The court sentenced the student, Otto Warmbier, on Wednesday for
"crimes against the state", North Korean media reported.
The United States condemned the punishment as politically motivated
and called on North Korea to pardon the University of Virginia
student from Wyoming, Ohio, and release him on humanitarian grounds.
The sentencing came as North Korea is increasingly isolated and
facing tough new U.N. resolutions following a nuclear test in
January and a rocket launch last month. A White House spokesman said
it was "increasingly clear" North Korea sought to use U.S. citizens
as pawns to pursue a political agenda.
North Korean state media said Warmbier had tried to steal an item
bearing a political slogan. A state media picture showed a banner,
presented as evidence during his one-hour trial, appearing to bear a
slogan extolling the country's late leader.
Although the name was censored in the photograph, it is likely the
slogan read: "Let's arm ourselves strongly with Kim Jong Il
The phrase "Kim Jong Il Patriotism" was used heavily to glorify the
late leader after he died in 2011. The slogan has been described by
his son and successor, Kim Jong Un, as the "crystallization of
Images and references to North Korea's leaders, who are treated with
almost god-like status in propaganda, are sacrosanct.
Ordinary North Koreans are required to keep and carefully maintain
portraits of former leaders Kim Jong Il and his father, Kim Il Sung.
A special large, bold typeface is used when their names are printed.
The court showed still CCTV images of Warmbier, 21, entering a
staff-only part of the Yanggakdo International Hotel, which towers
above the capital, Pyongyang, from an island in the middle of the
Warmbier was at the end of a five-day group tour when he was stopped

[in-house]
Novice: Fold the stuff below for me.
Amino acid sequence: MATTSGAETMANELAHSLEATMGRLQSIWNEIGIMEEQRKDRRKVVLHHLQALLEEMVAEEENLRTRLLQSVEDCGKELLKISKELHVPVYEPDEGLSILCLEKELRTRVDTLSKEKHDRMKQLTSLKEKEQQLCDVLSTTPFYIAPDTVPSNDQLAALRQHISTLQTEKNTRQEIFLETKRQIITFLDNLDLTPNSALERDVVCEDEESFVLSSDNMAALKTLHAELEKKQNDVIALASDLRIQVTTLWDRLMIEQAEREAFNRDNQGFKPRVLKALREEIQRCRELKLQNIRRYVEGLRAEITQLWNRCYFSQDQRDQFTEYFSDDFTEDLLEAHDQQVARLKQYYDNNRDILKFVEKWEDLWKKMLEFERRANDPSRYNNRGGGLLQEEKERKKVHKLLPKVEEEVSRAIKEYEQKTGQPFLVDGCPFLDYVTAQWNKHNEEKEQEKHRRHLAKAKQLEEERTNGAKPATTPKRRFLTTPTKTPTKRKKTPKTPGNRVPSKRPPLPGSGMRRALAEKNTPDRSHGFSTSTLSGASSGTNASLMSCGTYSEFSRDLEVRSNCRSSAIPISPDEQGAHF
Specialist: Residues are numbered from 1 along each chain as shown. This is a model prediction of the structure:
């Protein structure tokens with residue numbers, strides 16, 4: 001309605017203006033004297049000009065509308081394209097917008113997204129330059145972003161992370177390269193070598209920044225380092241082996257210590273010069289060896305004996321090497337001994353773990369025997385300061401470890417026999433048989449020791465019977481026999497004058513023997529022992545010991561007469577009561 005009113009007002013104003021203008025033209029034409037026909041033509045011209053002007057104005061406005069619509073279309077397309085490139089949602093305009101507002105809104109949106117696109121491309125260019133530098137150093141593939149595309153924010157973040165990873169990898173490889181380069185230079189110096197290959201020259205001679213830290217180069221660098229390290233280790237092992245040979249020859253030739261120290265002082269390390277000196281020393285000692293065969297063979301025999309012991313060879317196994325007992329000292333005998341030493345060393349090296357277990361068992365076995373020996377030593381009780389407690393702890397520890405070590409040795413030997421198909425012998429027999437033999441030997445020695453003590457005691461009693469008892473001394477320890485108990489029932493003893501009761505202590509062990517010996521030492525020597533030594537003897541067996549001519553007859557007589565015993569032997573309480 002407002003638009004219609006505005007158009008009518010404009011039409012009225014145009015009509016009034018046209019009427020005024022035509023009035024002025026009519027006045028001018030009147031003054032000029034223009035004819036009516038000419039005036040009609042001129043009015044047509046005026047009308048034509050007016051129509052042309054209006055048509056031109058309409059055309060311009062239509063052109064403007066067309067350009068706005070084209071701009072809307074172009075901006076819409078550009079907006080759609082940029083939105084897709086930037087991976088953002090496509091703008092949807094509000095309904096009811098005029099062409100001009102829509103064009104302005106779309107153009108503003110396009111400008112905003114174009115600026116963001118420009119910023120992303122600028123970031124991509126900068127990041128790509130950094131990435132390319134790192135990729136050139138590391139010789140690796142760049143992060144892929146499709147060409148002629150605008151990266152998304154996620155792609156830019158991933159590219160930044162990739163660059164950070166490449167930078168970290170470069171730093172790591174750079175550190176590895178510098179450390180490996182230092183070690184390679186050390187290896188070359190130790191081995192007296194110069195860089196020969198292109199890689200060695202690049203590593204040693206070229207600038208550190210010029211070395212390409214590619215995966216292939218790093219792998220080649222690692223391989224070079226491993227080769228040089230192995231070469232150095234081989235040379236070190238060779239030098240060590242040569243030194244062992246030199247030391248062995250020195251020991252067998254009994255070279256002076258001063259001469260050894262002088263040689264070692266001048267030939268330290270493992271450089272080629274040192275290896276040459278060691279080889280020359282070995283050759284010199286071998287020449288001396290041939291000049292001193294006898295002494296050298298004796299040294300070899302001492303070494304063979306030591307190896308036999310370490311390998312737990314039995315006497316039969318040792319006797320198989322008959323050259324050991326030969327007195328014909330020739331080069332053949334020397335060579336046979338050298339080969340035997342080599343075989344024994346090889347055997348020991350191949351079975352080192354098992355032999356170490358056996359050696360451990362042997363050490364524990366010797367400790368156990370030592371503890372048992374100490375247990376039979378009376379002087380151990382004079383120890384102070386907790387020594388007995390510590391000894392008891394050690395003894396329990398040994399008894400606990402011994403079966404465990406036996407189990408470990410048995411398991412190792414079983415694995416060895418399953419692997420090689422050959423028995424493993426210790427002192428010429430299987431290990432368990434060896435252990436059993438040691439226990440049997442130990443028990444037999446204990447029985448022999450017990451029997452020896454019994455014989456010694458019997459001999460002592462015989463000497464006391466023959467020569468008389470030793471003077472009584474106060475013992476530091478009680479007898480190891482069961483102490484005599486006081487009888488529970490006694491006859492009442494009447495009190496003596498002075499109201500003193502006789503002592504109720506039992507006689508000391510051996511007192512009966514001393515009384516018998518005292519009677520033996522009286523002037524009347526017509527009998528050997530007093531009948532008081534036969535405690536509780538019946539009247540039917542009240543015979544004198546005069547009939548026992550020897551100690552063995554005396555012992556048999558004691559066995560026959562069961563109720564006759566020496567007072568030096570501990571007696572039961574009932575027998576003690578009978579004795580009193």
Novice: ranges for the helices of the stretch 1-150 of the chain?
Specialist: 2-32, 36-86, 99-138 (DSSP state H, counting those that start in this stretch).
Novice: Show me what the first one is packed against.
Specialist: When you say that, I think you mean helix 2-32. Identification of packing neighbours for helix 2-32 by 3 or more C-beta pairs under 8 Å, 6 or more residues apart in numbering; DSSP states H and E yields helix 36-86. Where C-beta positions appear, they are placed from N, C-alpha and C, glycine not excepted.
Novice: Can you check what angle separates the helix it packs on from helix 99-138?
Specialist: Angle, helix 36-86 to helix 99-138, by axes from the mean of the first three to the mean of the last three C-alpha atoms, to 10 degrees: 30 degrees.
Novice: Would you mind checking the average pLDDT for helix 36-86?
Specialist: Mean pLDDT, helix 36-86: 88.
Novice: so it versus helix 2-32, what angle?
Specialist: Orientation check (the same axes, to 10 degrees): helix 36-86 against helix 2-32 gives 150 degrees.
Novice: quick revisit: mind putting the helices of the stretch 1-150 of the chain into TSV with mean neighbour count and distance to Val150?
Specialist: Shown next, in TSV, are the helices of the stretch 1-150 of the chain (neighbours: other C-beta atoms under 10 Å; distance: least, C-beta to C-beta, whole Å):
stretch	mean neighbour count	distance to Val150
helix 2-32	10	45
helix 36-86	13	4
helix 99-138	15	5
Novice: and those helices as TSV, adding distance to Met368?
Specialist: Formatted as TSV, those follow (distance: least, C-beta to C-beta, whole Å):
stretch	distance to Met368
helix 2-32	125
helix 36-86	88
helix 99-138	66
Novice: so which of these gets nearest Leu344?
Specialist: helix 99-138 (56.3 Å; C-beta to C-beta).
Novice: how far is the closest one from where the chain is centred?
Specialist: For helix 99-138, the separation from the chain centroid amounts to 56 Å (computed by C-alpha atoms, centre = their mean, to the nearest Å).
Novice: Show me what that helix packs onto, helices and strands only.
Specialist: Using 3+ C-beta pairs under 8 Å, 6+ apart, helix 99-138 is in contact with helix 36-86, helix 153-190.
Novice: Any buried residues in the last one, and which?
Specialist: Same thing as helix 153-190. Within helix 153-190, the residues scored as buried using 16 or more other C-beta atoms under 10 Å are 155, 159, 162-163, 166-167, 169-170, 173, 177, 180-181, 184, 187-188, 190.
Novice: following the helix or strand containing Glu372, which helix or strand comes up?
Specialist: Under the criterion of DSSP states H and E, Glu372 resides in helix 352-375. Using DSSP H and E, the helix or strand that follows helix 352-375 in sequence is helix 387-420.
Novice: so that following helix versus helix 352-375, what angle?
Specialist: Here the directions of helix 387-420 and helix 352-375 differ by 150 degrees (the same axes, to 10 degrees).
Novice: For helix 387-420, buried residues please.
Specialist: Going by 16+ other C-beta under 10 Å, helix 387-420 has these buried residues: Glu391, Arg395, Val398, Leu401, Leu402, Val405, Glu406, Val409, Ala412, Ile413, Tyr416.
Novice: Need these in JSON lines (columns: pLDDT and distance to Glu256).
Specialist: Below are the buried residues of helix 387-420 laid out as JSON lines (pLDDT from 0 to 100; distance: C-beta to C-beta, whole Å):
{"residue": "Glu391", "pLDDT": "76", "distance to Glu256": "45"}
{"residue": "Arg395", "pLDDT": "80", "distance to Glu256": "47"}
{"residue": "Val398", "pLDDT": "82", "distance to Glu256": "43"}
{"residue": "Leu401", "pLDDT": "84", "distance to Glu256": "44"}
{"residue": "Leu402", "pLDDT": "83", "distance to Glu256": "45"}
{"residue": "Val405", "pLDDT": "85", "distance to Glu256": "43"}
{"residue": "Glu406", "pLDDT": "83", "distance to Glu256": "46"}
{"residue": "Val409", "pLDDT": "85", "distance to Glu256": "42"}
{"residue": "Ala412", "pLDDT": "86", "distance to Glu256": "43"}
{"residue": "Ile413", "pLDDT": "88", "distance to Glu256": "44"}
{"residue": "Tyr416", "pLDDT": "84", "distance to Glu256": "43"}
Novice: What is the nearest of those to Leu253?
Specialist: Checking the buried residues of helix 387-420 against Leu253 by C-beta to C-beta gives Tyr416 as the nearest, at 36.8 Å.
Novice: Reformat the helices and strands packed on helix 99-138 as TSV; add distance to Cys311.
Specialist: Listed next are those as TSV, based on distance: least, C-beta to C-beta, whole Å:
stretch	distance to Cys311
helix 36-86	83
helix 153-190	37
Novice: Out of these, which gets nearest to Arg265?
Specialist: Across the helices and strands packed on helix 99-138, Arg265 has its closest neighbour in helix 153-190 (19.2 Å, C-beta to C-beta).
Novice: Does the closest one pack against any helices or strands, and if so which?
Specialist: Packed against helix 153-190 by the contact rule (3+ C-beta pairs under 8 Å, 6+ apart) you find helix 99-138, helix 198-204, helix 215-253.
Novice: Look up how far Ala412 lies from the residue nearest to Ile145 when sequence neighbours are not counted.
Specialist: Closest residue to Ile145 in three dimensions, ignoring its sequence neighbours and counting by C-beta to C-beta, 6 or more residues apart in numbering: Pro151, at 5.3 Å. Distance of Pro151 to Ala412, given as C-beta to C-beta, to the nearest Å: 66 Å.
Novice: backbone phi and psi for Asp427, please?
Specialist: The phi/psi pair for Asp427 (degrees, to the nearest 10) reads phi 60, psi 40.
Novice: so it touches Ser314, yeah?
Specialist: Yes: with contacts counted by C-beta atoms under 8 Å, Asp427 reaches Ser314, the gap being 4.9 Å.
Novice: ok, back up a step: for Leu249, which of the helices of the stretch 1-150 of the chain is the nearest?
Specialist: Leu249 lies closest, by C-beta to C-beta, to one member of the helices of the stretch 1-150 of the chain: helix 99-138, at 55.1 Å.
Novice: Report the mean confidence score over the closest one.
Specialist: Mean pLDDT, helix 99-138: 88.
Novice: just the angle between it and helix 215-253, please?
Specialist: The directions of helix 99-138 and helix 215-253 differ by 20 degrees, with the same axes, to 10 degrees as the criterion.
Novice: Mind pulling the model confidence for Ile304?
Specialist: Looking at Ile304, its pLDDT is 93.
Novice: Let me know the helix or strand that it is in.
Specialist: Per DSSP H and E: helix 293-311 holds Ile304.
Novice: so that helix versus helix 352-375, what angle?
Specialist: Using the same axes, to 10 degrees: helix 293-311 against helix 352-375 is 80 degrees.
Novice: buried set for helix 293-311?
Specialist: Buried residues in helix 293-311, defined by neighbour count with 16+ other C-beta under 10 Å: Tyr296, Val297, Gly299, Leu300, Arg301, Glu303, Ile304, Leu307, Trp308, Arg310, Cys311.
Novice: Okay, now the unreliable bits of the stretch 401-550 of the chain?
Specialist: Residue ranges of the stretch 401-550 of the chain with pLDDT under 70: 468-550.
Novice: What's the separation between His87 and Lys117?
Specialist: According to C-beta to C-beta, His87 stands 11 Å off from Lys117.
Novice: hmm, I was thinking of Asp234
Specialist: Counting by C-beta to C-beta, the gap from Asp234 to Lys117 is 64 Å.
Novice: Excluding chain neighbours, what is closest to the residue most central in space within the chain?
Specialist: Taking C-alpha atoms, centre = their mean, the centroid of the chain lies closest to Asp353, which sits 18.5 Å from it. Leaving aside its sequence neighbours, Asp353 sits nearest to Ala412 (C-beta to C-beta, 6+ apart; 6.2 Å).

at the airport and taken away, according to the tour operator that
arranged the trip.
In a statement last month, Warmbier confessed to "severe crimes"
against the state.
FOOTAGE AND FINGERPRINTS
Warmbier entered the restricted area of the hotel in the early hours
of Jan. 1, according to a time stamp on a CCTV image used as part of
witness testimony to identify Warmbier.
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That witness was Warmbier's North Korean tour guide, identified as
Mr Byon, sources who recognized him confirmed to Reuters after
studying the footage.
The shirt and boots worn by Warmbier at the time along with his
passport, mobile phone and an ID card were also given as evidence in
the trial, the footage showed.
"When I got off work, there was nothing amiss," a second witness,
apparently a hotel staff member, told the court.
"But when I returned, I thought someone had deliberately taken the
slogan down, so I mobilized security to prevent damage to it and
reported it to the authorities."
The court showed images on a flat screen showing efforts to match
fingerprints from the banner with Warmbier's fingerprints.
Photos of the trial showed Warmbier marking copies of indictment and
sentencing documents with red ink on his thumb.
As he was led from the court in handcuffs, Warmbier appeared to turn
to Swedish ambassador to North Korea Torkel Stiernlöf, who was
present at the trial, and ask him to "keep working" on his case,
according to the footage.
The United States does not have diplomatic relations with North
Korea and is represented in consular matters there by the Swedish
North Korea has a long history of detaining foreigners and has used
jailed Americans in the past to extract high-profile visits from the
United States to secure their release.
(Editing by Tony Munroe, Robert Birsel)
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